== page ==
Q: After my buyer’s offer was accepted, the listing broker notified me that he reduced his commission, and that the amount he is paying me is one percent less than what was indicated in the MLS. Can he do this?

A: Standard of Practice 3-2 provides that REALTORS must notify other REALTORS of any change in the offer of compensation before an offer to purchase is produced. If the listing broker did not notify you of the reduced commission until after you had submitted an offer to purchase, he has not complied with this Section. If he does not pay you the amount stated in the MLS, you can file for arbitration at your Local Board of REALTORS and you can file an ethics complaint as well.


Q: A broker from another Board submitted an offer to purchase on my listing. This broker is not a member of my MLS. Do I have to pay this broker the amount I indicated in the MLS I would pay to cooperating brokers?

A: The offer of compensation you made in the MLS only applies to participants of your MLS. Since the broker who submitted this offer is not a participant in your Board’s MLS, this offer of compensation in the MLS does not apply to him. Instead, this is an issue you and this other broker should have discussed in the beginning of your relationship.


Q: Can I rebate part of my commission to the buyer or seller, or is that splitting a fee with an unlicensed person?

A: Although Ohio license law does prohibit splitting commissions or paying fees to an unlicensed person, the Ohio Division of Real Estate does not consider the rebating of a commission to a party of the transaction to constitute such an illegal payment. This is because the buyer or seller was not engaging in conduct that requires a real estate license. Therefore, such a rebate would be permissible. However, if this rebate were offered to induce the buyer or seller to enter into a purchase contract, this rebate would be considered  to be an inducement that must be disclosed in the purchase contract.


Want more information on these topics? Check out these other legal resources on


Tags: legal, Legally Speaking

Homes sales put under contract rise in August

By Carl Horst, OAR Director of Publications/Media Relations

house key black and white

The Ohio Association of REALTORS reports the number of single-family homes and condominiums put under agreement in August increased 8.6 percent from the level posted during the month a year ago.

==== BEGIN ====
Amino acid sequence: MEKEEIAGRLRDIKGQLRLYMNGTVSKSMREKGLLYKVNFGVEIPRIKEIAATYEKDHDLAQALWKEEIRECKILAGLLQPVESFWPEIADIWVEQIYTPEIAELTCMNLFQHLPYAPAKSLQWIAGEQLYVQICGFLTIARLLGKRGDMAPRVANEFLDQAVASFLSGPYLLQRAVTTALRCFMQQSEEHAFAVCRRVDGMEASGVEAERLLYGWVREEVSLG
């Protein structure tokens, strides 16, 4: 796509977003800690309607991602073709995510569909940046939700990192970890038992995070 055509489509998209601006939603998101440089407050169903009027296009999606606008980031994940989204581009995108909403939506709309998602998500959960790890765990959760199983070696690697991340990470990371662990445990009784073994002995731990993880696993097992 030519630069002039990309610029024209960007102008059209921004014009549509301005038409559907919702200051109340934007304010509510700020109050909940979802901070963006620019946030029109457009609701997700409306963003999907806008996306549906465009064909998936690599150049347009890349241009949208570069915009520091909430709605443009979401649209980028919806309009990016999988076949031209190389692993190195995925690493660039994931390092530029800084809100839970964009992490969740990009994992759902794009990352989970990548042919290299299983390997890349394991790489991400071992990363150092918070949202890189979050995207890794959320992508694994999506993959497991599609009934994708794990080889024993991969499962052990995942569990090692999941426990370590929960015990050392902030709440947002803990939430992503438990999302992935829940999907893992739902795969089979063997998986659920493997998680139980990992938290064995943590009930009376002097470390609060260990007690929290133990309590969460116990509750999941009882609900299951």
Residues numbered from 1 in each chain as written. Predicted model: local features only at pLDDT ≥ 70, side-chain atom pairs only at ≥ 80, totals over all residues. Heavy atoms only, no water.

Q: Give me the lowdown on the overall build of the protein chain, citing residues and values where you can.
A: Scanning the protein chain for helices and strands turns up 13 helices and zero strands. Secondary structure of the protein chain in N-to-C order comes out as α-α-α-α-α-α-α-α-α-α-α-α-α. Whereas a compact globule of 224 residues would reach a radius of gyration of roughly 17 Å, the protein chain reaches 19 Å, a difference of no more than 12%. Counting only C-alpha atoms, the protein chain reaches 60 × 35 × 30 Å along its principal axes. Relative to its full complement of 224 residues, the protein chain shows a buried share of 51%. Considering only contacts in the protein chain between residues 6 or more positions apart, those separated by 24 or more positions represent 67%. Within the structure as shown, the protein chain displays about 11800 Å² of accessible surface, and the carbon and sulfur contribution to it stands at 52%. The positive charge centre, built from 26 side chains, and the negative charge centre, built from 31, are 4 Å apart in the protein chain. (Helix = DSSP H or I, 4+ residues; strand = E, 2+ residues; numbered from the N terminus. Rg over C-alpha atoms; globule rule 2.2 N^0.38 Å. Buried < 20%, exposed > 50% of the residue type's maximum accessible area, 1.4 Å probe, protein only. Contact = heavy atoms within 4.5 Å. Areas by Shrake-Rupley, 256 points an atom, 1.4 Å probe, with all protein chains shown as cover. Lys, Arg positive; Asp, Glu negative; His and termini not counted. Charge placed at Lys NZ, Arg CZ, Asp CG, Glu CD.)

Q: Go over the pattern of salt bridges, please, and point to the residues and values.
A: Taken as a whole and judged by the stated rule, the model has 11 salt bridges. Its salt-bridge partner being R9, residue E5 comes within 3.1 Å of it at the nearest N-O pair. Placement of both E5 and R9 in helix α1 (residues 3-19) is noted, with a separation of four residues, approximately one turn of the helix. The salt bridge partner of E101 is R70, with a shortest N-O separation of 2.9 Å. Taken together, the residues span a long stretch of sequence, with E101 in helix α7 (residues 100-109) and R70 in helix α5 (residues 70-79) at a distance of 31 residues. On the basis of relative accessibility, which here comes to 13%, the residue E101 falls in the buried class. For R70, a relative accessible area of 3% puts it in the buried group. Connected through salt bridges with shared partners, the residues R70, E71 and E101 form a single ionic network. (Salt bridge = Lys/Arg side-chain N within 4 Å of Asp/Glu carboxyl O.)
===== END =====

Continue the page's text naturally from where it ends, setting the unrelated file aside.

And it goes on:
The rate of purchase contract signings in August was unchanged from the pace recorded in July.

Ohio’s August Pending Home Sales Index of 142.6, a forward-looking indicator based on contract signings, increased 8.6 percent from August 2013 (131.3). Activity in August nearly matched the mark posted in July 2014 (142.5).

“The number of homes sales put under agreement in August reached a seven-year peak, an indication that the desire to attain home ownership across Ohio remains strong,” said OAR President Chris Hall. “Activity in August is a significant step forward in our ongoing effort of building a solid, stable and growing marketplace.”

Compared to 2008, a historically healthy market that marked the end of five consecutive record years for existing home sales and the onset of the recession, August’s Index score of 142.6 marks a 42.6 increase.

A pending sale or a sale “under agreement” is when the buyer and seller agree on terms of the sale of a home and have a signed purchase and sale agreement, but have yet to close and be recorded as such. Refer to the following report to view the pending home sales index and methods.

OAR, the largest professional trade association in the state with more than 27,000 members, is the only organization that compiles this state wide information from selected Multiple Listing Services each month. The tracking of “pending sales” provides reliable information about where the market is heading in coming months.

Tags: pending home sales, research

Coaching Corner: Pay attention!

By “Coach” Marilou Butcher Roth

As you know, and, as I have written about many times…things happen. They happen in our work life, our home life and anything in between. The big question is, what happens for you when situations occur that are less than favorable? For some people, a sort of numbness occurs. For others, anger may show up. Everyone and every situation is different.

The key for you is to be able to pay attention to what is happening for YOU — not TO YOU. And, to do this, you need to get out of your head and into your heart. How do you feel about what is happening? Are you scared? Sad? Angry? If you are not bringing awareness to how you are feeling, you are shutting down to some degree and, any time that occurs, you run the risk of shutting down around the good things that are happening as well. You can’t turn off one part of you without impacting another.

So this week, if and when something “happens,” I want you to practice tuning in to yourself first, and paying attention to what you notice. This takes practice and is well worth the attention! Enjoy!



Marilou Butcher Roth is the owner of The MBR Group, a coaching and training company working primarily with REALTORS who have a desire to work and live from a more inspired place. She is also the Broker/Owner of Group REALTORS in Cincinnati.

Marilou is a member of the OAR Executive Committee and immediate past chairman of the organization’s Communications Committee. Feel free to contact Marilou to see if coaching is right for you:


Tags: Coaching Corner, training